Asparagus, blueberries, raspberries, strawberries???

How many Asparagus, blueberries, raspberry and strawberry plants should I plant per person????
I put in a garden last year with tall fencing to keep the deer out and now I really want to add these plants and will need to enlarge my garden area. Need to figure out how large an area I'll need.
Thanks.
Sandy
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*snip*
We planted probably 50 strawberry plants last summer. I'm afraid we'll have to do it again because it looks like they became deer food... Strawberries freeze quite well, so plant lots of plants and freeze what you don't eat.
On average, I'm guessing you get around 6-8 berries per plant... I don't stop to count when I'm picking them.
Puckdropper
--
Marching to the beat of a different drum is great... unless you're in
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wrote:

Hey Sandy
There are many variables to be considered in order to not answer your questions.
How well do you like each of these?
How often will you eat the produce?
Will you only eat fresh or preserve and in what way?
How will they yield annually, given weather conditions, etc?
What gardening methods are you using? All row? Pots? Raised beds? Tiers for strawbabies?
You can google each to find the yield per plant, and the space requirements, depending upon your style of gardening and extrapolate that info for your situation. Also to be considered is which variety of each you will plant....different cultivars yield different amounts and may have different spacing requirements.
My advice? Plant as much as you can, according to space availability and budget. You can't have too many of any of these, IMO. You can always add more as needed. Some of them are going to multiply quite well. They are all high value crops and extra of any is highly desirable for trade or gifts or preserving.
--
Charlie

"There are no gardening mistakes, only experiments." -- Janet Kilburn
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I hope I'm not too late for my two cents' worth. Aside from how long it will take to have reasonably good production from the various choices, our garden (exposed to all sorts of wildlife) is basically for my wife and myself.
We have about a dozen asparagus plants that are beginning their fourth year, and they gradually produce more each year. We enjoy them in season for ourselves and to share some with friends, but expect production to increase even more.
I planted about a dozen red raspberries three years ago, and they have multiplied prodigiously. We have enough each year for fresh, frozen, jam, and making wine, etc. Being "labor intensive," I find that the Heritage variety is perhaps best since I can mow them down at the end of each year to control cane borers and a lot of pruning. Of course, having two crops a year is a plus because the Japanese Beetles voraciously consume the early crop. I pick practically all we ever need from late August-early September until the first killer frost hits sometime in late October up here on the south shore of Lake Erie.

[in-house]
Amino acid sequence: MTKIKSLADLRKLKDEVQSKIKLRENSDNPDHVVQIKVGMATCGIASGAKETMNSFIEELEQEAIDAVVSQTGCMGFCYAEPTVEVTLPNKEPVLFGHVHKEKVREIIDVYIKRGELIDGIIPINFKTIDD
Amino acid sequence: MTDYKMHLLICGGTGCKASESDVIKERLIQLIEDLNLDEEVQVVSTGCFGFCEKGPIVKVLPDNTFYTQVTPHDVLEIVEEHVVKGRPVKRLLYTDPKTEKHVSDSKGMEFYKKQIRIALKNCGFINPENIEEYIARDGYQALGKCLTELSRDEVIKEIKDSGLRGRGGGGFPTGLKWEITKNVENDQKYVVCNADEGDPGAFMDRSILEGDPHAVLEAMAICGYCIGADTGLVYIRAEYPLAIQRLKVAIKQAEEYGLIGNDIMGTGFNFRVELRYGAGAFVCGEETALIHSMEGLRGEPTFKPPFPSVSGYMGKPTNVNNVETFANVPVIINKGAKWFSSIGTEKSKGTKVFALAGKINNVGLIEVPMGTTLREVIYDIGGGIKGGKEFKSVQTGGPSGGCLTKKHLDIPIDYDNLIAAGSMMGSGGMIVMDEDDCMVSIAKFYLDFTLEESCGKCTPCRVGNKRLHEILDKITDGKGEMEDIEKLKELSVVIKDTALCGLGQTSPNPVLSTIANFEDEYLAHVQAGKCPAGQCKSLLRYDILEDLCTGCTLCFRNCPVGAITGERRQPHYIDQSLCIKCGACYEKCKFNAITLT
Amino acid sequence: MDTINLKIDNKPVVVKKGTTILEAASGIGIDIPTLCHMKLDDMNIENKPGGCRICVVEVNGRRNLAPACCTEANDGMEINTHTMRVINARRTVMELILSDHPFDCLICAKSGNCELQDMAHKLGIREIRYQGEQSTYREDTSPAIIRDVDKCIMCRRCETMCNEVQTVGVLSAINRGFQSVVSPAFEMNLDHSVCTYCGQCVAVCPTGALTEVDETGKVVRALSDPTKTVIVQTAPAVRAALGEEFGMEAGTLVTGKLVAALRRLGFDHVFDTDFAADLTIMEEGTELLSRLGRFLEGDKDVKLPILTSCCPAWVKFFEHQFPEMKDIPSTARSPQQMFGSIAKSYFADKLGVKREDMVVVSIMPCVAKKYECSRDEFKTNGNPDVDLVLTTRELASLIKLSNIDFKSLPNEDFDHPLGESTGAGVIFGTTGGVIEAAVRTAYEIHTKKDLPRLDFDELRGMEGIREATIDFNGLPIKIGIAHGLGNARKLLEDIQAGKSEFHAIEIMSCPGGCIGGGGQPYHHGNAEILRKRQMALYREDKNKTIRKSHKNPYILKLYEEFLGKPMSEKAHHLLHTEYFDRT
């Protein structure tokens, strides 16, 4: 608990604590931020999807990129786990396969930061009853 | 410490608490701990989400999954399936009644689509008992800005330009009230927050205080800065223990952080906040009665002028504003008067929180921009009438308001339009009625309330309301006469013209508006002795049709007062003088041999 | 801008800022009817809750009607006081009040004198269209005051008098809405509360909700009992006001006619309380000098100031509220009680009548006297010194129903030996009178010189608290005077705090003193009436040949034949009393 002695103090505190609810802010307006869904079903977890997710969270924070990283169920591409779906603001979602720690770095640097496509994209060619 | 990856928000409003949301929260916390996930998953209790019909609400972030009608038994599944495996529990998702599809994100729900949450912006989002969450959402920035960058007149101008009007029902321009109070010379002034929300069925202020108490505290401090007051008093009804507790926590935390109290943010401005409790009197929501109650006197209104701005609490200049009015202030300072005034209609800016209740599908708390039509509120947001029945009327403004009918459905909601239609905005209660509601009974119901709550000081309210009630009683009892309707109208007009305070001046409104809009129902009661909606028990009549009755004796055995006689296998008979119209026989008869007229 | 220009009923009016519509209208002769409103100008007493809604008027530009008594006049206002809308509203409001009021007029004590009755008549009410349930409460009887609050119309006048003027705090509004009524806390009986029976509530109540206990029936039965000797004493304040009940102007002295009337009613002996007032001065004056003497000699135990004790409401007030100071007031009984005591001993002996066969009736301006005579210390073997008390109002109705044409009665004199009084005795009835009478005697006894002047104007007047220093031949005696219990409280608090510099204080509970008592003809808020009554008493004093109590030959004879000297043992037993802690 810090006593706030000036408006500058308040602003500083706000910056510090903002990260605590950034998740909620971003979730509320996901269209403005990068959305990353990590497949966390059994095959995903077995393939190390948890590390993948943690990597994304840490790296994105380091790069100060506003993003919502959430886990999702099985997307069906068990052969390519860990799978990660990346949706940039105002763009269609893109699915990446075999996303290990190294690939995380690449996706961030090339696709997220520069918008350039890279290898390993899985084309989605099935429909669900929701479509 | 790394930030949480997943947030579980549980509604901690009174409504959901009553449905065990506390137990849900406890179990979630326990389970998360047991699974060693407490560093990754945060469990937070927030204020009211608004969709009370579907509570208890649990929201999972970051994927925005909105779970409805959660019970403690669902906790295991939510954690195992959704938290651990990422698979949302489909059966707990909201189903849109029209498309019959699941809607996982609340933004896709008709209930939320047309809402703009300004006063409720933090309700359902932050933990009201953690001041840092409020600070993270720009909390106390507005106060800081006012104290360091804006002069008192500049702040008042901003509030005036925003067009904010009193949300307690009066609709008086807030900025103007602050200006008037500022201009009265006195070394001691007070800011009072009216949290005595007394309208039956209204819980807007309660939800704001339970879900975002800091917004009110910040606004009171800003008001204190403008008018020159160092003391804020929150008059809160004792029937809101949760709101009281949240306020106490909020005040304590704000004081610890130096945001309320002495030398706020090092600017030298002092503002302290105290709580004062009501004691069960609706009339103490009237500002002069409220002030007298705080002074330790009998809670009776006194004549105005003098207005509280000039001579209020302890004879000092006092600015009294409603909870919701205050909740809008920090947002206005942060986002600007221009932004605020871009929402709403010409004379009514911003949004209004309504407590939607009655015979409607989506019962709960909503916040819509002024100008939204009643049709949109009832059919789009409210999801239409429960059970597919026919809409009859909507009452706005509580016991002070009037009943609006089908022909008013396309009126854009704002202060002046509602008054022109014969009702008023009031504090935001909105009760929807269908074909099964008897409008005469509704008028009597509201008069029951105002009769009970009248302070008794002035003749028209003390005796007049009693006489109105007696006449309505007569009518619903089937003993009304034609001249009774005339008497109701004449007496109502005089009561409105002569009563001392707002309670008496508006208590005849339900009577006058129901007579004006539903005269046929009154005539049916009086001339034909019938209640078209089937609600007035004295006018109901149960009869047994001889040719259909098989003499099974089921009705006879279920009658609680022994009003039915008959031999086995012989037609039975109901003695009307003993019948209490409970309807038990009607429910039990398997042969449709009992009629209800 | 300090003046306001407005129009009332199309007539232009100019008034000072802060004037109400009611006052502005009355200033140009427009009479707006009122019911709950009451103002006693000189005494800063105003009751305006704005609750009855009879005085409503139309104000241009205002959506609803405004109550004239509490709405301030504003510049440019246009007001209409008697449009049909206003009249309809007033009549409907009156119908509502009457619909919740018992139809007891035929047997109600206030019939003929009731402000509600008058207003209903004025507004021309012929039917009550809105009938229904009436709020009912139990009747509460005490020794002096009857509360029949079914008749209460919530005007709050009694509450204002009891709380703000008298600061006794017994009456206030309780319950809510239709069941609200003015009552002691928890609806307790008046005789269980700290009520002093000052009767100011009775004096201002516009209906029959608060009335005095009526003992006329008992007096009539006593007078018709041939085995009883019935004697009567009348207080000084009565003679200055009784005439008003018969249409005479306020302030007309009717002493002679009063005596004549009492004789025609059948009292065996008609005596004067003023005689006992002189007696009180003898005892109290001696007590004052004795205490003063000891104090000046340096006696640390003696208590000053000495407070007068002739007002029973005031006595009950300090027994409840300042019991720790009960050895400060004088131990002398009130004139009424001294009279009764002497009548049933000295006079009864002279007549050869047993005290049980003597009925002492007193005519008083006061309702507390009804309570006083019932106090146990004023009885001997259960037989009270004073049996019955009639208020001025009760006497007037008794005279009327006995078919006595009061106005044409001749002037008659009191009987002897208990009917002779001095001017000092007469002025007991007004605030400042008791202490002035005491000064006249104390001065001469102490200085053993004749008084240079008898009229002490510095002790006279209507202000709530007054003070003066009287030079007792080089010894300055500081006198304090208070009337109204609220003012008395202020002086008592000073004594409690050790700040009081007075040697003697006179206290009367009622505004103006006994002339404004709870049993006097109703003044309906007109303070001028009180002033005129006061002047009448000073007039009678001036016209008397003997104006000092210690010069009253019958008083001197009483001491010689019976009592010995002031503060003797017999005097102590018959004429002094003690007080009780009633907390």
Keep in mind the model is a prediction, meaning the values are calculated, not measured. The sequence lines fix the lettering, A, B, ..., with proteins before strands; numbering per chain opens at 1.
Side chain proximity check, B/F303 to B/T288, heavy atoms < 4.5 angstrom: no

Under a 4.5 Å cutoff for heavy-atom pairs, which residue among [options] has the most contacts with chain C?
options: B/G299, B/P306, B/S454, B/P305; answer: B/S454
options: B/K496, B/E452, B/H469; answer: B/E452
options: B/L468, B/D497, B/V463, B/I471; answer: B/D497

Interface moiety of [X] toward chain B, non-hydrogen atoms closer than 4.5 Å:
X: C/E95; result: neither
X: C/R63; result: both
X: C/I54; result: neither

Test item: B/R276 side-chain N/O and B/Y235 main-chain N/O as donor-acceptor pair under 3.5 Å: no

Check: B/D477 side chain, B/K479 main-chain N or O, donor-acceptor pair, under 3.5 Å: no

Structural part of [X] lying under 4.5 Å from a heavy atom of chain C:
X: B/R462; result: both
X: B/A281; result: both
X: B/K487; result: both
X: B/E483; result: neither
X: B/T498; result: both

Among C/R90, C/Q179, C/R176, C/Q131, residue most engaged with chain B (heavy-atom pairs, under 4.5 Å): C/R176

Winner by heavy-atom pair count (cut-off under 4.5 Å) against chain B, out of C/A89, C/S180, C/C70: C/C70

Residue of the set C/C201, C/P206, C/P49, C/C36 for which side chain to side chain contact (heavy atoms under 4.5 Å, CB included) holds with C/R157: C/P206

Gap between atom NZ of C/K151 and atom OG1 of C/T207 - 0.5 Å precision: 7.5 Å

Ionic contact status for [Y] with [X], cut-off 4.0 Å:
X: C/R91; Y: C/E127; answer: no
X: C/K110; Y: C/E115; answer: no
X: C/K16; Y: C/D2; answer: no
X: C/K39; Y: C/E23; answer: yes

We have about a hundred strawberry plants near the foundation on the south side of our white sided house; they love the mini-climate there and produce enough for both fresh and frozen. The downside is controlling slugs, but can be done if one practices clean cultivation. . . which is easier said than done, I've learned. Birds for some reason aren't a problem like they were when we planted strawberries in the open field out in the countryside (we live in the city now).
Ahhhh, Blueberries! Birds love 'em!! And, since the bushes take about five years before mature enough to produce berries abundantly. . . well, plant enough to share with the birds unless you can effectively protect your crop. We planted three high bush and three low-to-the-ground in the past three years. We have had none from the low plants (they need more time to mature?), and probably a total of two quarts from the three high bush blueberries -- so far. Each year has meant a little better crop in sort of an exponential manner. I've built cages of 2"x4" welded fencing, in diameters of about 30 inches and stack one inside the other (they're 4 feet high) at a slightly rakish angle to increase their height as the bushes grow. And I crown the top cage with a nylon netting to discourage birds. So far (two years) it's worked, and I can expand the cage circumference as needed. When pruning is no longer practicable -- there's enough for us AND the birds -- I'll use my cages for composting bins.
Meantime I intend to keep planting a variety of berry bushes such as gooseberry and currants, etc., because I've learned over the years that having more is better than having little-to-none-at-all.
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bop snipped-for-privacy@yahoo.com;780095 Wrote:

thanks for the nice info :
-- topperq
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